We have been here before. Relations between Pakistan and the United States in their continual ebb and flow have yet again arrived at a juncture where we find ourselves aghast, staring into the abyss of strategic disjuncture.
This time it was Trump’s first tweet of 2018, delivered in his usual bombastic style, which upended bilateral relations. While Trump’s “twitter anti-diplomacy” has disrupted more subtle American intercourses such as Kissinger’s “shuttle diplomacy,” there is altogether nothing entirely new in this scenario, for there is no decisive “Trump doctrine” that might have replaced the combined Bush and Obama doctrines.
At the same time, the narrative of Pakistan’s precarious role in facilitating and at once disrupting America’s strategic interests and objectives in the occupation of Afghanistan continues unabated. However, there is something new in the way the world is reshaping in terms of security arrangements given declining American hegemony. While these developments are all too familiar, deciphering the new from the old — rupture from continuity — is yet another matter altogether.
When Bush gave his 2001 ultimatum of, “You are either with us or against us,” it appears Pakistan wryly responded with something half-muttered to the effect of, “We are with you and we are against you.” Hence, Pakistan has inadvertently inherited a schizophrenic double-role in the first imperial war of the twenty-first century that lethargically wrangles on in a long tail-end stalemate.
As this schizophrenic double-role has evolved over the years, any analysis deployed to understand if the current disjuncture is a rupture or a continuity must be equally schizophrenic: a) either nothing has changed, or b) everything has changed.
In order to comprehend either of these equally plausible outcomes, they must be considered in relation to two distinct levels of analysis: 1) domestic politics and 2) international relations. The narrative of Pakistan’s complicity with the other side and the precariousness of the alliance has continued since day one of the global war on terror, however, it does different work in the two countries at the domestic and diplomatic levels.
Donald Trump prides himself on being able to spot a bad deal from a mile away and it appears he is announcing to his white middle class suburban electoral base that he has, in fact, spotted a bad deal in security ties with Pakistan. No doubt, the hackneyed Pakistan double-game narrative has been crudely re-deployed by Trump for political ends but this must be understood more in relation to domestic messaging rather than him crafting a new policy.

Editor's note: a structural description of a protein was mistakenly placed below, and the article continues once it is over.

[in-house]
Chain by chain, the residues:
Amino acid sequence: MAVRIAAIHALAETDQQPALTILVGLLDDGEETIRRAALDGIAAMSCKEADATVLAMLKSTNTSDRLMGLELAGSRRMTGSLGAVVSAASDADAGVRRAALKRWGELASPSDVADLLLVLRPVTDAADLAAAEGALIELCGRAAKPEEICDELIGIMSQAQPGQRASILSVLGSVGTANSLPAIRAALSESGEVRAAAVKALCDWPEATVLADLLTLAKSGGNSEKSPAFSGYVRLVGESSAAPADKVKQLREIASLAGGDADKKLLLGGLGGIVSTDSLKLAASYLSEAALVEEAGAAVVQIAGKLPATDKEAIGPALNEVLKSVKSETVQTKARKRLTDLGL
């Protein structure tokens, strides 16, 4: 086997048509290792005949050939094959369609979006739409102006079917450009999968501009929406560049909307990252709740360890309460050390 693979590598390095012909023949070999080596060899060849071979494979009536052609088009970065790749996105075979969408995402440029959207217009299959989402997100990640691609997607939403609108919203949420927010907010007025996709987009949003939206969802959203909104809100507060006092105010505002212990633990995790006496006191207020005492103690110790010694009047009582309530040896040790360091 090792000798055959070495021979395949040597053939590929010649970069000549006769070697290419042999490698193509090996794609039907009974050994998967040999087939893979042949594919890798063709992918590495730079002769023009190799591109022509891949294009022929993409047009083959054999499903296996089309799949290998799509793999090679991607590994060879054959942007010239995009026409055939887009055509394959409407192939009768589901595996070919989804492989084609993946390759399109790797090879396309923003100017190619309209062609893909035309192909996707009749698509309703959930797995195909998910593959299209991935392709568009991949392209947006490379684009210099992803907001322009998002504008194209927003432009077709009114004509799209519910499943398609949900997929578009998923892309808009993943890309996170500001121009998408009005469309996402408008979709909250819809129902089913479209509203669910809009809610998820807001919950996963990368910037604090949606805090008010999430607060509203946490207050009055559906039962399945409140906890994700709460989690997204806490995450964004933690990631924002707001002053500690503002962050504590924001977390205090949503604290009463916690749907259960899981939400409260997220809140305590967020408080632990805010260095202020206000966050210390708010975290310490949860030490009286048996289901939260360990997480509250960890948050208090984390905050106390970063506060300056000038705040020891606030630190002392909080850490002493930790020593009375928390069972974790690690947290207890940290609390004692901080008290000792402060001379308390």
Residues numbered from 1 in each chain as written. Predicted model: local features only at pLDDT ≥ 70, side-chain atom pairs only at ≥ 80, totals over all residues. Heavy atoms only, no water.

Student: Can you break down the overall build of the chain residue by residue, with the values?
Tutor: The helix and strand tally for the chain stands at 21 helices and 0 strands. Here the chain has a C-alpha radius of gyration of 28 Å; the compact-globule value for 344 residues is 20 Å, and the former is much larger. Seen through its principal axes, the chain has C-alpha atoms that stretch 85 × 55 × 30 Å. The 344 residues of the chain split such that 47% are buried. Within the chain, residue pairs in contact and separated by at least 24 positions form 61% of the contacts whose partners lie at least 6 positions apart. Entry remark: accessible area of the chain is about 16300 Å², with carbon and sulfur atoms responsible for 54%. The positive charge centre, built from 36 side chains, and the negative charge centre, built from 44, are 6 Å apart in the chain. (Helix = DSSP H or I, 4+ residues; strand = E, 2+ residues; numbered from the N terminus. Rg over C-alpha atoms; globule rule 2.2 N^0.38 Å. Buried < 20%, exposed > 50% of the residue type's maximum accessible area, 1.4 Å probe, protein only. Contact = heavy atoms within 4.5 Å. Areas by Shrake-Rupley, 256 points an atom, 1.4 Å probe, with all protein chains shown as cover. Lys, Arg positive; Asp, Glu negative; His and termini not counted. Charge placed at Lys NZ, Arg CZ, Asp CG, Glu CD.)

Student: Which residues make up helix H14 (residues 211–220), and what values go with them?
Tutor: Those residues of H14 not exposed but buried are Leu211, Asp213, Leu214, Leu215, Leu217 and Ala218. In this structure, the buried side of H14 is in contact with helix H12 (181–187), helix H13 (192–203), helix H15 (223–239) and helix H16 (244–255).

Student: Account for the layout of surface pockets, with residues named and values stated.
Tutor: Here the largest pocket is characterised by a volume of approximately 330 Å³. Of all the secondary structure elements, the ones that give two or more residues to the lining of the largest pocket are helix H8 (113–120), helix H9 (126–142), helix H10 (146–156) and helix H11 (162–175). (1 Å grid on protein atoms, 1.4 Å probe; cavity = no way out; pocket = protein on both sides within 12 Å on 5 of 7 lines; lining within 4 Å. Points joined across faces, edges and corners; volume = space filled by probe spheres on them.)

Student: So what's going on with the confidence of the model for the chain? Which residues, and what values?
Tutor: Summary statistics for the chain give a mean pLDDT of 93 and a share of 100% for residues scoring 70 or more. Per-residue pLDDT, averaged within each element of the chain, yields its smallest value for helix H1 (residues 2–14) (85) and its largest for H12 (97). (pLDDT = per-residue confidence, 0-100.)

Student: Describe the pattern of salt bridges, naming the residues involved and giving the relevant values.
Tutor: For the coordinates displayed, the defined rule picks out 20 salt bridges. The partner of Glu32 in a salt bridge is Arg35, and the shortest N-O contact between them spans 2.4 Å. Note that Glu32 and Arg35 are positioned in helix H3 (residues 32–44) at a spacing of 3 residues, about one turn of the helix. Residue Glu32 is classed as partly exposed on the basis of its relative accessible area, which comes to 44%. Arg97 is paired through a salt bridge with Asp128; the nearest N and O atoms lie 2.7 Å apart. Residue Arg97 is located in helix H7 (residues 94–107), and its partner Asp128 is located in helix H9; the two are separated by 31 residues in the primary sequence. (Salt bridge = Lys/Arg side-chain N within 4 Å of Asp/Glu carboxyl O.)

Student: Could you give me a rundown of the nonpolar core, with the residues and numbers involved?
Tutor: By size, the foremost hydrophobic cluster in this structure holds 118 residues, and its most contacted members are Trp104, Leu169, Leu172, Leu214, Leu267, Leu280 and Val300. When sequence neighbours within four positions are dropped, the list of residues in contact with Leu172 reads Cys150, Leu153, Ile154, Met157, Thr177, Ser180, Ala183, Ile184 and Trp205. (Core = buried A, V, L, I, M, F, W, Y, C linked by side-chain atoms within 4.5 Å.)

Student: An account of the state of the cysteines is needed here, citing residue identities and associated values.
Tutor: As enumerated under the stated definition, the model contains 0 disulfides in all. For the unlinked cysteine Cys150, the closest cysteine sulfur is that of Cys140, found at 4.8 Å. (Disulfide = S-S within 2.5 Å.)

The idea that Pakistan takes support from the United State and it then uses it to harm American interests actually fits Trump’s presidential campaign narrative like a glove. Ultimately, this is no different from rapists, drugs and criminals flooding in from Mexico to destroy the American society, or the EU duping the US into paying the bill for Nato, or China stealing industrial jobs from American workers and then flooding their market with cheap goods. In each case, Trump simplistically frames the US as an innocent victim of a more conniving nation.
Ultimately, Trump’s rhetoric doesn’t change that much, for he still hasn’t laid a single brick of the wall that Mexico is supposed to pay for and the bill for Nato he drew up for Angela Merkel in a crude undiplomatic gesture also has so far amounted to nothing.
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At the other end, in Pakistan, domestically the tweet has stirred a media-political controversy, which nevertheless echoes the impasse of the Kerry-Lugar bill imbroglio. Being an election year, 2018 brings with it an impassioned strand of domestic politicking whereby it is always more fruitful in local siyasat to stand up to US hegemony and reassert Pakistan’s integrity on the news media.
The anti-American trumpet calls and the heated statements issued by various politicians on Pakistani media must again be construed to be more in conversation with the local voters than directly with American policy makers. The strategic situation is related less to political rhetoric and more to the now smoldering theatre of war in Afghanistan.
Very little, almost nothing has changed: Pakistan, being the gateway to the fabled graveyard of empires continues to occupy a privileged strategic position. On one hand, the US may have left the door open to the continuation of security aid provided Pakistan does its bidding, suggesting that this impasse will lead to a thaw and continue the same pattern leading into the Afghanistan endgame with Pakistan playing the part as America’s scapegoat.